33 Compute distributional similarities traveled tohis family PhraseSim.PhraseSim. visited 0.779his staff0.792 arrived in 0.763his brother0.789 worked in 0.751his friends0.780 lived in 0.719his children0.769 served in 0.686their families0.753 consulted with 0.672his teammates0.746 played for 0.670his wife0.725 Sample of similar phrases.

34 The global view classifier traveled tohis family PhraseSim.PhraseSim. visited 0.779his staff0.792 arrived in 0.763his brother0.789 worked in 0.751his friends0.780 lived in 0.719his children0.769 served in 0.686their families0.753 consulted with 0.672his teammates0.746 played for 0.670his wife0.725 k-nearest neighbor classifier: classify an unlabeled example based on closest labeled examples President Clinton traveled to the Irish border PHYS-LocatedIn Ang Sun arrived in Seattle on Wednesday. ? PHYS-LocatedIn … his brother said that …PER-SOC sim(arrived in, traveled to) = 0.763sim(arrived in, his brother) = 0.012

35 LGCo-Testing Procedure in Detail Use KL-divergence to quantify the disagreement between the two classifiers KL-divergence:  0 for identical distributions  max when distributions are peaked and prefer different class labels KL-divergence:  0 for identical distributions  max when distributions are peaked and prefer different class labels  Rank instances by descending order of KL-divergence  Pick the top 5 instances to request human labels during a single iteration  Rank instances by descending order of KL-divergence  Pick the top 5 instances to request human labels during a single iteration

36 Active Learning Baselines RandomAL UncertaintyAL – Local view classifier – Sample selection: UncertaintyAL+ – Local view classifier (with phrase cluster features) – Sample selection: SPCo-Testing – Co-Testing ( sequence view classifier and parsing view classifier ) – Sample selection: KL-divergence

37  Annotation speed:  4 instances per minute  200 instances per hour (annotator takes a 10-mins break in each hour) Supervised 36K instances 180 Hours Supervised 36K instances 180 Hours LGCo-Testing 300 instances 1.5 Hour LGCo-Testing 300 instances 1.5 Hour Results for PER-SOC (Multi-class Setting)  Results for other types of relations have similar trends (in both binary and multiclass settings)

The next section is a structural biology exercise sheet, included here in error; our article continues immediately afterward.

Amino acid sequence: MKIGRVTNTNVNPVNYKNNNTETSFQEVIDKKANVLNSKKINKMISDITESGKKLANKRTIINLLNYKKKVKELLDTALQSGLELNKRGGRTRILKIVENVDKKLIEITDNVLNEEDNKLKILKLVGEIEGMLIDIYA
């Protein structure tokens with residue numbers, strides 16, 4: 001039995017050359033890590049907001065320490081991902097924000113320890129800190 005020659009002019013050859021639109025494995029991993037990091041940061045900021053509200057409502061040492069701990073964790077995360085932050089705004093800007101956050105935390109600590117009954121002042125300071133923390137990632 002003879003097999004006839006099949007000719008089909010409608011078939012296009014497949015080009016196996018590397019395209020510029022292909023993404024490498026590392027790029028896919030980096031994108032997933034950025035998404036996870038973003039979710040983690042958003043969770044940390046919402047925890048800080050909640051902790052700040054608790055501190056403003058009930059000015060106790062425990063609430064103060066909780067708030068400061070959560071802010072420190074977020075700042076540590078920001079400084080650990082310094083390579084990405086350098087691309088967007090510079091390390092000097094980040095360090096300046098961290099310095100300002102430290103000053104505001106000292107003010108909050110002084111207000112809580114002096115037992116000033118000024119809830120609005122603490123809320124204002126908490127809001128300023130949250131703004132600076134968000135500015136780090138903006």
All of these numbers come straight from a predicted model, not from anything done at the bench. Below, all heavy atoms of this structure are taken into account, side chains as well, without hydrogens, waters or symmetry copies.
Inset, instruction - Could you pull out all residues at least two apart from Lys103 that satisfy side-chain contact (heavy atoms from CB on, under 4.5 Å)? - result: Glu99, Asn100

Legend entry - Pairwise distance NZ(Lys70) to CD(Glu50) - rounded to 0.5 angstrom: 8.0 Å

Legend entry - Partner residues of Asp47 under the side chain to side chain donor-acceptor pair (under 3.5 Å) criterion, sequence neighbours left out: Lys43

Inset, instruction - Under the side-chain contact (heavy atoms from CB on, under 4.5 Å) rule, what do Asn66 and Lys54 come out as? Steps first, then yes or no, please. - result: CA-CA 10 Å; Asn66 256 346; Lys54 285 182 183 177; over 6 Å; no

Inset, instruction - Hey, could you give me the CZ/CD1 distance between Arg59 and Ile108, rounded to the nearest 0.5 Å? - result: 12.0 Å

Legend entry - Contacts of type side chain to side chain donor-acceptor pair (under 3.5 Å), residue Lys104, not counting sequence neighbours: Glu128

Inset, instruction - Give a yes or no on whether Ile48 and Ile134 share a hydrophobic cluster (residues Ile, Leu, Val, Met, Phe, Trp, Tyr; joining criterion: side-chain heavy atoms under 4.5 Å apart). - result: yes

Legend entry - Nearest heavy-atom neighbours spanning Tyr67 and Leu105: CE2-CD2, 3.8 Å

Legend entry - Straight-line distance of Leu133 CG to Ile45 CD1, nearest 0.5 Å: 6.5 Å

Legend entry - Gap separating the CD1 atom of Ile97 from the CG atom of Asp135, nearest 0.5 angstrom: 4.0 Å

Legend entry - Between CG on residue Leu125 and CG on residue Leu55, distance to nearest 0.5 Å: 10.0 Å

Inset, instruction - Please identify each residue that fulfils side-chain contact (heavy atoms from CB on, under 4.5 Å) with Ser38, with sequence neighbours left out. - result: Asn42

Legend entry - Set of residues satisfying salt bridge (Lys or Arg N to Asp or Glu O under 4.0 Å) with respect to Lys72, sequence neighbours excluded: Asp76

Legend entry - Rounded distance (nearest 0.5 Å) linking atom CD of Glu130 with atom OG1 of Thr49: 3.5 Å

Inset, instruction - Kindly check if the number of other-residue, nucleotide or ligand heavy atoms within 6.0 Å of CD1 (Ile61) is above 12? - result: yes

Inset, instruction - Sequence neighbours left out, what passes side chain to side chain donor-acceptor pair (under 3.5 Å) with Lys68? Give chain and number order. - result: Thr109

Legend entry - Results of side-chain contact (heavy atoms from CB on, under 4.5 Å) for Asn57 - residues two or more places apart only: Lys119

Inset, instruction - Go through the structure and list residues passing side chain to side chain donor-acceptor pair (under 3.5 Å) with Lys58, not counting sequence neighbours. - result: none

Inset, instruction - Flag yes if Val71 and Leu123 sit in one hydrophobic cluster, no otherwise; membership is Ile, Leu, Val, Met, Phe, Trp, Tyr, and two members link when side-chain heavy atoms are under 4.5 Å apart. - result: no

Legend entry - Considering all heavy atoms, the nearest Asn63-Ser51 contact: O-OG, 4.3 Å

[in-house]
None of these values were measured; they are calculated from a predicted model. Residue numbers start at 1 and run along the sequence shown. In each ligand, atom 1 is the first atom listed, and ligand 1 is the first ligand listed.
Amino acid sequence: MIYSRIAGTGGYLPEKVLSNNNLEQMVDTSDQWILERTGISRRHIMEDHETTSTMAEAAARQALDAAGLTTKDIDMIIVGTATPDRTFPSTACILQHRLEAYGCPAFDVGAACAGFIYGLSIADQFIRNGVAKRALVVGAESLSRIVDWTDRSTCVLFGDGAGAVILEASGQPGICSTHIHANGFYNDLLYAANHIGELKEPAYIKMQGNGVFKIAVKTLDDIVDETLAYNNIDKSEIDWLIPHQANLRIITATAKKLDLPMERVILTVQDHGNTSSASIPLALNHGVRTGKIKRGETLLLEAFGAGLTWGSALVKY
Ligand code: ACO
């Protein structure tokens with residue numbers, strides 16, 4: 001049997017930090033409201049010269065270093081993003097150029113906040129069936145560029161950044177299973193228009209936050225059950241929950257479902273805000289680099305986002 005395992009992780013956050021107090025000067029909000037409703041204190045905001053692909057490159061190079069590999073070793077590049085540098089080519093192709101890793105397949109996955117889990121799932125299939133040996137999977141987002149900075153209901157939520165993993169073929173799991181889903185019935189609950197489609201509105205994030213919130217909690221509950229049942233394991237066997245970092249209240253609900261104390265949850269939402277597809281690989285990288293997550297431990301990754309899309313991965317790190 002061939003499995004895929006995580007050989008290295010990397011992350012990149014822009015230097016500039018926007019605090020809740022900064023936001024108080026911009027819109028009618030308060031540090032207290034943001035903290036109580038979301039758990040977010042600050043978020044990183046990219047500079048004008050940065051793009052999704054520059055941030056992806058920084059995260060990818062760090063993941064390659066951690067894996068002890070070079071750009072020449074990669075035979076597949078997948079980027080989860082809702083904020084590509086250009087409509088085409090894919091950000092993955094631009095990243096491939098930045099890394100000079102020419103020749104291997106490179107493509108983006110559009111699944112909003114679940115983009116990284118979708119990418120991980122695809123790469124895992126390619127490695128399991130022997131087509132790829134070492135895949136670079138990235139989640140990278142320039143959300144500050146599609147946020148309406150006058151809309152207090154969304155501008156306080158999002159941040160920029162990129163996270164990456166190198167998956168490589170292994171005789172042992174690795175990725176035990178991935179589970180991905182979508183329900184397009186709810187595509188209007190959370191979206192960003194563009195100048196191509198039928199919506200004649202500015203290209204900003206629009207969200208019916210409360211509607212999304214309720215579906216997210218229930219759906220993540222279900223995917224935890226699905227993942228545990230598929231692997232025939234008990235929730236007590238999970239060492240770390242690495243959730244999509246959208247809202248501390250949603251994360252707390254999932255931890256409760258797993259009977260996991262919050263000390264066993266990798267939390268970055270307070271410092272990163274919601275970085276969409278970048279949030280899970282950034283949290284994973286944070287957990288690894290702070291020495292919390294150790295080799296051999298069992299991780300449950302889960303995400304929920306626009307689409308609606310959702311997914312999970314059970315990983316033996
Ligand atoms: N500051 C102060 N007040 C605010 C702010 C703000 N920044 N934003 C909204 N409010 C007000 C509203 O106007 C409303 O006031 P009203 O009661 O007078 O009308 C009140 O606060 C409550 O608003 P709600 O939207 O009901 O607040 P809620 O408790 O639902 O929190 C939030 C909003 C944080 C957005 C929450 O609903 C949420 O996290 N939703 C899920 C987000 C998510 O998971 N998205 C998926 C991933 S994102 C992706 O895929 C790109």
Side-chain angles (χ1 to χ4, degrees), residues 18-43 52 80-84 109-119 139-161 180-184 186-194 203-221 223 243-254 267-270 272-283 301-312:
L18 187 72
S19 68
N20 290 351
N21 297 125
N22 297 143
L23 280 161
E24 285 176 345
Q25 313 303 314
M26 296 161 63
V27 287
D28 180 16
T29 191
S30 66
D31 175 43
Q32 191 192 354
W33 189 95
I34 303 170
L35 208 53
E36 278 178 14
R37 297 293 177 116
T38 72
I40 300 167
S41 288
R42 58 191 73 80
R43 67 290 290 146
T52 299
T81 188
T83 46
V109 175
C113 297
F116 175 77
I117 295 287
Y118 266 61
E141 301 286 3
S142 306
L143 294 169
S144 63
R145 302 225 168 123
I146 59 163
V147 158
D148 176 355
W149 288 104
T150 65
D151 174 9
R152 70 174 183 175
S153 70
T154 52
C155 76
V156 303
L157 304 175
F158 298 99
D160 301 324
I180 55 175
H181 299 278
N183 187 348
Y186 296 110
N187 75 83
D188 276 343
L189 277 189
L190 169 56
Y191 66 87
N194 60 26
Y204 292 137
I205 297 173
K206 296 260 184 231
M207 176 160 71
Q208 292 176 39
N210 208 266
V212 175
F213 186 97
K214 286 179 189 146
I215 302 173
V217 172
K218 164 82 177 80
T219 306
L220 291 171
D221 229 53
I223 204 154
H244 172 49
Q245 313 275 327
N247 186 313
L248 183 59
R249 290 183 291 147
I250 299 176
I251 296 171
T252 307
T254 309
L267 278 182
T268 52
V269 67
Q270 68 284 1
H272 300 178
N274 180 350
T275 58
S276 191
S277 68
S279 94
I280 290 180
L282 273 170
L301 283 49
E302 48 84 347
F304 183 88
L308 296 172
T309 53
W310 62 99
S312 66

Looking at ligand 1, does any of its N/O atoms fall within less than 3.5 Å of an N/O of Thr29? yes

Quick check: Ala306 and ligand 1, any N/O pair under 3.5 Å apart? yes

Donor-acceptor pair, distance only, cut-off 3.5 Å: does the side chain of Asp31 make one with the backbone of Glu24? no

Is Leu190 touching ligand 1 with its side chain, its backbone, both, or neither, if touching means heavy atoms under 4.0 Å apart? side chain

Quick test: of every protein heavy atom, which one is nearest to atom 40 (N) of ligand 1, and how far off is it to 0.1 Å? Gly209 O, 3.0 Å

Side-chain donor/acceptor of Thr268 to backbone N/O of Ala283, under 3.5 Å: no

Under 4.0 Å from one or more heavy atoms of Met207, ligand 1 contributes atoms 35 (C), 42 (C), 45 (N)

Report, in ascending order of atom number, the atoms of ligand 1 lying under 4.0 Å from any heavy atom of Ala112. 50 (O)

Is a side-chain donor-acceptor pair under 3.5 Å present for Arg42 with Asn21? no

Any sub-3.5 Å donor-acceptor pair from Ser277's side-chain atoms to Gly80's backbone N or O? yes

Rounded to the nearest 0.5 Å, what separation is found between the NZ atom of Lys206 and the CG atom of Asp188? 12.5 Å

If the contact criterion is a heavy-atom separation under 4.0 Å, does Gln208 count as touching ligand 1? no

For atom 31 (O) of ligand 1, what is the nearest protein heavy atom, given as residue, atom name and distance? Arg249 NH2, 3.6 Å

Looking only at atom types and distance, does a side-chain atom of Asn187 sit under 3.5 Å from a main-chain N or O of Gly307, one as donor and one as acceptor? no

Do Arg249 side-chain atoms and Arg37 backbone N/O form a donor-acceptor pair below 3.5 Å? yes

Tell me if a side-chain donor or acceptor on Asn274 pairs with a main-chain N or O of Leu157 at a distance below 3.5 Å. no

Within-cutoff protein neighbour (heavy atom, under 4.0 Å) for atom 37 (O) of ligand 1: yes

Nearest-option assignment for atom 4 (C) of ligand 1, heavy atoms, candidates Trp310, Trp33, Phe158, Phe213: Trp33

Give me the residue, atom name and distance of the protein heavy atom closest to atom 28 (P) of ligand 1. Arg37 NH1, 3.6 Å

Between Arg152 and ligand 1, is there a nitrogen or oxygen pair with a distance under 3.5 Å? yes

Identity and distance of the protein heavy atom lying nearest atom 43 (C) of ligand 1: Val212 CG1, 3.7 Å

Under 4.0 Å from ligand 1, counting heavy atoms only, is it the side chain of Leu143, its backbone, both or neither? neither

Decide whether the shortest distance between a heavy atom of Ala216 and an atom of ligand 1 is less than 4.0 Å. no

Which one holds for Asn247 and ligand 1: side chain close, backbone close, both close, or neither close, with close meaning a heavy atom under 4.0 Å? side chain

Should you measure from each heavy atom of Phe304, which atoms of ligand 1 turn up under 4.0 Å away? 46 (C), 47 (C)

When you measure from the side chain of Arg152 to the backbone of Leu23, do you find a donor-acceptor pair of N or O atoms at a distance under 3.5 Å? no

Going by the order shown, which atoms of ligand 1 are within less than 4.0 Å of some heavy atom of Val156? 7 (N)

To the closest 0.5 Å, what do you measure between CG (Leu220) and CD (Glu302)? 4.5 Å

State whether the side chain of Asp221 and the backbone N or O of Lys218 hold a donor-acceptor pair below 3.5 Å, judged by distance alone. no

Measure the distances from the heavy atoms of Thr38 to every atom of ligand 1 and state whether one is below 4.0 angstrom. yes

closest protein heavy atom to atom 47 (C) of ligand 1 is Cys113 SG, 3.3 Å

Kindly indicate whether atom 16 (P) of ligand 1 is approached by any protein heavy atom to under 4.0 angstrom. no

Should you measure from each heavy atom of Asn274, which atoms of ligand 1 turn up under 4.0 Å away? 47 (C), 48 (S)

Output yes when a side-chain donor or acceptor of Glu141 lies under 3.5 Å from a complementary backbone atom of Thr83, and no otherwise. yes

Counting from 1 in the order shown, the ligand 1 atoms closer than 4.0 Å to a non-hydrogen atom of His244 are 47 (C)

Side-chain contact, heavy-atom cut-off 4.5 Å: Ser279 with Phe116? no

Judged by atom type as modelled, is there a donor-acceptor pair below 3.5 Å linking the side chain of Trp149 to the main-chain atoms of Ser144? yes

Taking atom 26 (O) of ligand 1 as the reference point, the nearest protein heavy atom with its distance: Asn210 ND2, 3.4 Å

38 Precision-recall Curve of LGCo-Testing (Multi-class setting)

39 Comparing LGCo-Testing with the Two Settings F1 difference (in percentage) = F1 of active learning minus F1 of supervised learning the reduction of annotation cost by incorporating auxiliary types is more pronounced in early learning stages (#labels < 200) than in later ones

40 Part I Part III Relation Type Extension: Bootstrapping with Local and Global Data Views

41 Basic Idea Consider a bootstrapping procedure to discover semantic patterns for extracting relations between named entities

42 Basic Idea It starts from some seed patterns which are used to extract named entity (NE) pairs, which in turn result in more semantic patterns learned from the corpus.

43 Basic Idea Semantic drift occurs because 1)a pair of names may be connected by patterns belonging to multiple relations 2)the bootstrapping procedure is looking at the patterns in isolation Named Entity 1 Pattern Named Entity 2 Bill Clinton visit Arkansas born in fly to governor of arrive in campaign in …

44 Unguided Bootstrapping Guided Bootstrapping NE Pair Ranker  Use local evidence  Look at the patterns in isolation NE Pair Ranker  Use local evidence  Look at the patterns in isolation NE Pair Ranker  Use global evidence  Take into account the clusters (C i ) of patterns NE Pair Ranker  Use global evidence  Take into account the clusters (C i ) of patterns

45 Unguided Bootstrapping Initial Settings: – The seed patterns for the target relation R have precision 1 and all other patterns 0. – All NE pairs have confidence of 0

46 Unguided Bootstrapping Step 1: Use seed patterns to match new NE pairs and evaluate NE pairs – if many of the k patterns connecting the two names are high-precision patterns – then the name pair should have a high confidence. – The confidence of NE pairs is estimated as – Problem: over-rate NE pairs which are connected by patterns belonging to multiple relations

47 Unguided Bootstrapping Step 2: Use NE pairs to search for new patterns and rank patterns – Similarly, for a pattern p, – if many of the NE pairs it matches are very confident – then p has many supporters and should have a high ranking – Estimation of the confidence of patterns the number of unique NE pairs matched by p sum of the support from the |H| pairs sum of the support from the |H| pairs

48 Unguided Bootstrapping Step 2: Use NE pairs to search for new patterns and rank patterns – Sup(p) is the sum of the support it can get from the |H| pairs – The precision of p is given by the average confidence of the NE pairs matched by p It normalizes the precision to range from 0 to 1 As a result the confidence of each NE pair is also normalized to between 0 and 1

49 Unguided Bootstrapping Step 3: Accept patterns – accept the K top ranked patterns in Step 2 Step 4: Loop or stop – The procedure now decides whether to repeat from Step 1 or to terminate. – Most systems simply do NOT know when to stop

50 Guided Bootstrapping Pattern Clusters-- Clustering steps: I.Extract features for patterns II.Compute the tf-idf value of extracted features III.Compute the cosine similarity between patterns IV.Build a pattern hierarchy by complete linkage Sample features for “X visited Y” as in “Jordan visited China”